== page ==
Each day TFO Canada publishes a sample of trade news on the Canadian import market along with any new, updated or changed regulations and legislations regarding international trade; countries in which TFO Canada offers services and on the export sectors which it promotes.
CBSA Tariff Classification of Medicaments Including Natural Health ProductsThursday, May 29, 2014 > 14:34:23
CBSA D10-14-30 Memorandum – Tariff Classification of Medicaments Including Natural Health Products
This memorandum explains the Canada Border Services Agency’s (CBSA) policy for the tariff classification of medicaments, including natural health products, under headings 30.03 and 30.04 of the Customs Tariff.
- Marketing, packaging, use and other evidence that can attest to product's medicinal purposes are important determining factors in classifying the product. There must be some indication as to the use of the product in the preventing or treating of a disease, illness, or ailment.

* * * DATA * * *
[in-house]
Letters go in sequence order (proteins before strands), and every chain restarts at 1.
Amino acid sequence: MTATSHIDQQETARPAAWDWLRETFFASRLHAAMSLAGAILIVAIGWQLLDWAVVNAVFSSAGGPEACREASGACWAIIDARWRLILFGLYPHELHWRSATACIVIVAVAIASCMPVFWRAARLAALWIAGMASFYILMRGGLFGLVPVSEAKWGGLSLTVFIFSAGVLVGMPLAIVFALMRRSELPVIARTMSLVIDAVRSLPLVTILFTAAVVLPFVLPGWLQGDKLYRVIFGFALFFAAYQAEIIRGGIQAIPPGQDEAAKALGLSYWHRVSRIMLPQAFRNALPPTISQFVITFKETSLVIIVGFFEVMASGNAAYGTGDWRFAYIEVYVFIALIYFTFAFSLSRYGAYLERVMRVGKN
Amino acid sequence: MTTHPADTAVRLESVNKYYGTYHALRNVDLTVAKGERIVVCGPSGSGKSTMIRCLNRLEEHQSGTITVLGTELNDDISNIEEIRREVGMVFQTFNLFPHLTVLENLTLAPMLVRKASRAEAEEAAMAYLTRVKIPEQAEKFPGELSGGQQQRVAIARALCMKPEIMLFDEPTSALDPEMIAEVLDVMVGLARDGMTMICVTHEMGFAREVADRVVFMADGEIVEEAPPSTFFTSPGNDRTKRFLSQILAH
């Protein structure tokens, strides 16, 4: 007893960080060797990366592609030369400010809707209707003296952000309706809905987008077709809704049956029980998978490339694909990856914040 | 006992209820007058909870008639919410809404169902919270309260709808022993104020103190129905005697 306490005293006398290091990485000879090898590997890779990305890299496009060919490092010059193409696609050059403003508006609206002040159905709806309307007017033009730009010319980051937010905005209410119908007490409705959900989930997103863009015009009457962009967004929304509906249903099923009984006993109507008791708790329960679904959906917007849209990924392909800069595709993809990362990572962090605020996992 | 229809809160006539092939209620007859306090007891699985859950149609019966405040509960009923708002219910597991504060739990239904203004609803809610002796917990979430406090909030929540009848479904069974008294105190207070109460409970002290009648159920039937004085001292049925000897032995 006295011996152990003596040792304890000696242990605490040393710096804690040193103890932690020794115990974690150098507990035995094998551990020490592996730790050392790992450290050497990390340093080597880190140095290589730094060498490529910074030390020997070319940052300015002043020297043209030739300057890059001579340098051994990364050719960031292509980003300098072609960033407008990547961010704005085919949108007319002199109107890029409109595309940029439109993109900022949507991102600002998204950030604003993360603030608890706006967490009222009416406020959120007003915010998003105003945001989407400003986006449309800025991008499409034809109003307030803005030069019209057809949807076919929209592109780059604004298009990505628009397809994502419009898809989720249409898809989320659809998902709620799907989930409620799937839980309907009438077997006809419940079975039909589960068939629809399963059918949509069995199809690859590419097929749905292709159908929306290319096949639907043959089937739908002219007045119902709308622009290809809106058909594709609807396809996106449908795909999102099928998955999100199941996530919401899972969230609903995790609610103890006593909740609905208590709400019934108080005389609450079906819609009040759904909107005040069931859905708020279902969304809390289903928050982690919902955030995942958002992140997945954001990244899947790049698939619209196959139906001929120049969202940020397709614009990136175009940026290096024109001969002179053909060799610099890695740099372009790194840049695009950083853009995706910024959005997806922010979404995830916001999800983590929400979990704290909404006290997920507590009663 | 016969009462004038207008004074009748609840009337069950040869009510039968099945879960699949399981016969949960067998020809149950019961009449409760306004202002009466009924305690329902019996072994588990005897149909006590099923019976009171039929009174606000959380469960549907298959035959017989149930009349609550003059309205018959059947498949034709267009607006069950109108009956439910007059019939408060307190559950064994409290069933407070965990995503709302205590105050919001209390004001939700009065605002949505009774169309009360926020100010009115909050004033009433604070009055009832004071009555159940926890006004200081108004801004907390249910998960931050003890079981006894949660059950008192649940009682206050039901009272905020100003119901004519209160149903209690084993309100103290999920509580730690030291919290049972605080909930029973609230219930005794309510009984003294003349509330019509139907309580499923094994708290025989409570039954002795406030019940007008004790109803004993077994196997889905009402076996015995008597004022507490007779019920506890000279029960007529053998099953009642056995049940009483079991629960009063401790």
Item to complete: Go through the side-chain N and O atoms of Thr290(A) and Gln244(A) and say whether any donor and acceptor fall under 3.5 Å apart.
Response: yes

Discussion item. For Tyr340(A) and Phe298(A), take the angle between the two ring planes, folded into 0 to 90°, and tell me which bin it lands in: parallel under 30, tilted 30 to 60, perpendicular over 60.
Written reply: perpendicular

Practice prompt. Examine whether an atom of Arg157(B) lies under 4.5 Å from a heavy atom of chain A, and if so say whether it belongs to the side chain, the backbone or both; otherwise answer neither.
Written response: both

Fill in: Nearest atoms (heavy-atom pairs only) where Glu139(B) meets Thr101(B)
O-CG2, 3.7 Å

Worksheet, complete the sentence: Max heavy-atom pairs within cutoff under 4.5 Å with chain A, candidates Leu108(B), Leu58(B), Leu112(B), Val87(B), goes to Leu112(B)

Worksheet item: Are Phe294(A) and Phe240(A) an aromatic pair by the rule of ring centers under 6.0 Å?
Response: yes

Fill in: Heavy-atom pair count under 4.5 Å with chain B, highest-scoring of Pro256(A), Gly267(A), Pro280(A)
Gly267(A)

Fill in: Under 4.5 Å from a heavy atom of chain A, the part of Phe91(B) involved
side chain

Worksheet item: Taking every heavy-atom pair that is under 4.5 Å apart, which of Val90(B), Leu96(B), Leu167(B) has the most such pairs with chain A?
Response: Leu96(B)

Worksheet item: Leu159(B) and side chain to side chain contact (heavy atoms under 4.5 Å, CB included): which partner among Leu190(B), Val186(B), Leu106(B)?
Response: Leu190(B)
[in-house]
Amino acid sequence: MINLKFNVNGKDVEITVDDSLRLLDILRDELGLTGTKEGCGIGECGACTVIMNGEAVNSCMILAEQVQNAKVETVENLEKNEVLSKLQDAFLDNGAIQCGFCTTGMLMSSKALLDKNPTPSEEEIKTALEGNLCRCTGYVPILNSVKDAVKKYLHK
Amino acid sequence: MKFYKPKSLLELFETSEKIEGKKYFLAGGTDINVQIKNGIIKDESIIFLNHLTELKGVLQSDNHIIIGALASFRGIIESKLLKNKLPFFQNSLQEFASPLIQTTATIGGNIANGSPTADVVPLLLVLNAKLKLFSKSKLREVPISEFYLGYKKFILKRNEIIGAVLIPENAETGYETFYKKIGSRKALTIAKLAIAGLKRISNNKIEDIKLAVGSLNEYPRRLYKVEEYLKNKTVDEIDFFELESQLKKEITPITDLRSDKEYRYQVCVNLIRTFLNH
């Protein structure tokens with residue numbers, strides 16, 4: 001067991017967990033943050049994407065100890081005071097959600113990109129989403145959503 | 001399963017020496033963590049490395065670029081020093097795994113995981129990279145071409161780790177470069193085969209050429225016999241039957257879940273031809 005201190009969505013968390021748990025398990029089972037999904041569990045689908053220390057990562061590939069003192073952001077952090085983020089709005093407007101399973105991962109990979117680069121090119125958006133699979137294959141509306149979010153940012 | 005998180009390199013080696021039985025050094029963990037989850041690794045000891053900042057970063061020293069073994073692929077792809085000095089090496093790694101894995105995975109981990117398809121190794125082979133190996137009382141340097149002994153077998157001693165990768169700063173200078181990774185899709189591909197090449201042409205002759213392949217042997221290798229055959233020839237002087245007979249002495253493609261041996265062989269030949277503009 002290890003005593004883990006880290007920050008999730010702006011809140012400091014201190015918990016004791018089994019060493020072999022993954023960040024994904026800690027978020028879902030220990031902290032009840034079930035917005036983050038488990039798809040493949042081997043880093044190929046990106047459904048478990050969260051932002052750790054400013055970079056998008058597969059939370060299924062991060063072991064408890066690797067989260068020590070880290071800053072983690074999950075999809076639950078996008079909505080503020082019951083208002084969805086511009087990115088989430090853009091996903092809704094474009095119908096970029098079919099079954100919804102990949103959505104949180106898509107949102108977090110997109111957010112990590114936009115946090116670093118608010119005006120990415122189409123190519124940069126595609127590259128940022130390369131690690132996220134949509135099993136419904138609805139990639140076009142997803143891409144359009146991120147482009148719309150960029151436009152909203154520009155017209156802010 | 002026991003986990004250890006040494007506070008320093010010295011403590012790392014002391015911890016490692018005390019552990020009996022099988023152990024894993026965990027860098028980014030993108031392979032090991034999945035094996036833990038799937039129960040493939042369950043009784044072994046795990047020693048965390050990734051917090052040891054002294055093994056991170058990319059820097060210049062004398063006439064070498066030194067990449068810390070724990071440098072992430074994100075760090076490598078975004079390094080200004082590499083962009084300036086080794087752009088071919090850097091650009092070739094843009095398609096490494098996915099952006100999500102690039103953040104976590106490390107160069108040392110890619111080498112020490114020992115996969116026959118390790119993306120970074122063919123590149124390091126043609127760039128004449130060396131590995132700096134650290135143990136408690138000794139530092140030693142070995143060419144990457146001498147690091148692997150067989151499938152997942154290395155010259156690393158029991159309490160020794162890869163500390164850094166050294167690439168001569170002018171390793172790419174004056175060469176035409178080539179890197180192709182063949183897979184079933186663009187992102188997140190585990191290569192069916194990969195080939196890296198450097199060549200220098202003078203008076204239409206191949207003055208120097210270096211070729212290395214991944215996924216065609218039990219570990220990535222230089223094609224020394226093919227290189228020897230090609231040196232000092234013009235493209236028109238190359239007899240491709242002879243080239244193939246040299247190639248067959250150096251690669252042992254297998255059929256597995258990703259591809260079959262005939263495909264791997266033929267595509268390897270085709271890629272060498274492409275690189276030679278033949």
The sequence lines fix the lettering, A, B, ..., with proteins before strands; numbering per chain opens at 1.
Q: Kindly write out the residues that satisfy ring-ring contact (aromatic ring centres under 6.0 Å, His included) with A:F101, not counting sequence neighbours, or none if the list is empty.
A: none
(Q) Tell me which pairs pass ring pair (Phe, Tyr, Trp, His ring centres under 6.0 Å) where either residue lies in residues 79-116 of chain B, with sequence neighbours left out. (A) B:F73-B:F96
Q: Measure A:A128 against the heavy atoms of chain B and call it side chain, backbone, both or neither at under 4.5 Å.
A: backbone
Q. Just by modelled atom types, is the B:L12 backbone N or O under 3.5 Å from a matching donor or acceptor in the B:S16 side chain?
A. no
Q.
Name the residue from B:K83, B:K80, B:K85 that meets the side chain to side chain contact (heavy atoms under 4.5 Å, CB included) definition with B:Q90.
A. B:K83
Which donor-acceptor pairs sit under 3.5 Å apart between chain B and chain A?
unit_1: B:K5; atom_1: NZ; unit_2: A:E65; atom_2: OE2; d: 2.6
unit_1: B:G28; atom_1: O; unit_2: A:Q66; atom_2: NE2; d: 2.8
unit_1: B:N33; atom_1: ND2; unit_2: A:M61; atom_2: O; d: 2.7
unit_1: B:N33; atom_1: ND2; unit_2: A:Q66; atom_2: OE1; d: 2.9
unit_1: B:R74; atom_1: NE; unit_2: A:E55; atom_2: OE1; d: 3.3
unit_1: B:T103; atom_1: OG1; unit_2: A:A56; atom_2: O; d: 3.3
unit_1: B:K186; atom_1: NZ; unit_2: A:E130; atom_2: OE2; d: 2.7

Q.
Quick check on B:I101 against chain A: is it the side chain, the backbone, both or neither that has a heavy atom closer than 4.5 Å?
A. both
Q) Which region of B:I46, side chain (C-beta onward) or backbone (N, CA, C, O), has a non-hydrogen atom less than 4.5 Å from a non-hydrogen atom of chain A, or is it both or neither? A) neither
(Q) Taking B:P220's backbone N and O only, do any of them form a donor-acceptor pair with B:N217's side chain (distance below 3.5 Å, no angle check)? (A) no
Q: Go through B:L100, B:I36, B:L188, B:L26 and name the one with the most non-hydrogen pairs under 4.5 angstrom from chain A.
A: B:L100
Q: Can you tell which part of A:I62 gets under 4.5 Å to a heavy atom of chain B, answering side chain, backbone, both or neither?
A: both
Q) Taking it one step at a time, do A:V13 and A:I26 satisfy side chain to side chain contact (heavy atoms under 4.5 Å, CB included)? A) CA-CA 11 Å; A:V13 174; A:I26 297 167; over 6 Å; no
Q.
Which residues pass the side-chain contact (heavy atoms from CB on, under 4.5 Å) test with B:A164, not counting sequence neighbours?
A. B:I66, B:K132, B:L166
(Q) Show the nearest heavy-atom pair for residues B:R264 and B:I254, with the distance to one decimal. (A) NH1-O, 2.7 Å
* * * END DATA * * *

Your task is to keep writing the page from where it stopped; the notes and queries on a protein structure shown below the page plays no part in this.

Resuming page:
- While food is not generally classified as medicaments, certain dietary supplements can be classified as such. For example, when a food such as garlic powder is prepared as tablets (measured doses) and sold for its curative properties (e.g. in the treatment of cardiovascular disease)
- While national health authorities may define medicaments and vitamins differently, vitamins have been proven effective in the treatment and prevention of certain diseases and can thus be classified as a medicament.
- Declaring that a product is a medicament does not make it so for tariff classification purposes; there must be some evidence to support the product's claim of therapeutic or prophylactic uses.
- Diabetic or fortified foods, food supplements for general health and well-being and tonic beverages (tonic wine with herbs), etc. are specifically excluded from the classification of medicament
Complete details available at http://www.cbsa-asfc.gc.ca/publications/dm-md/d10/d10-14-30-eng.html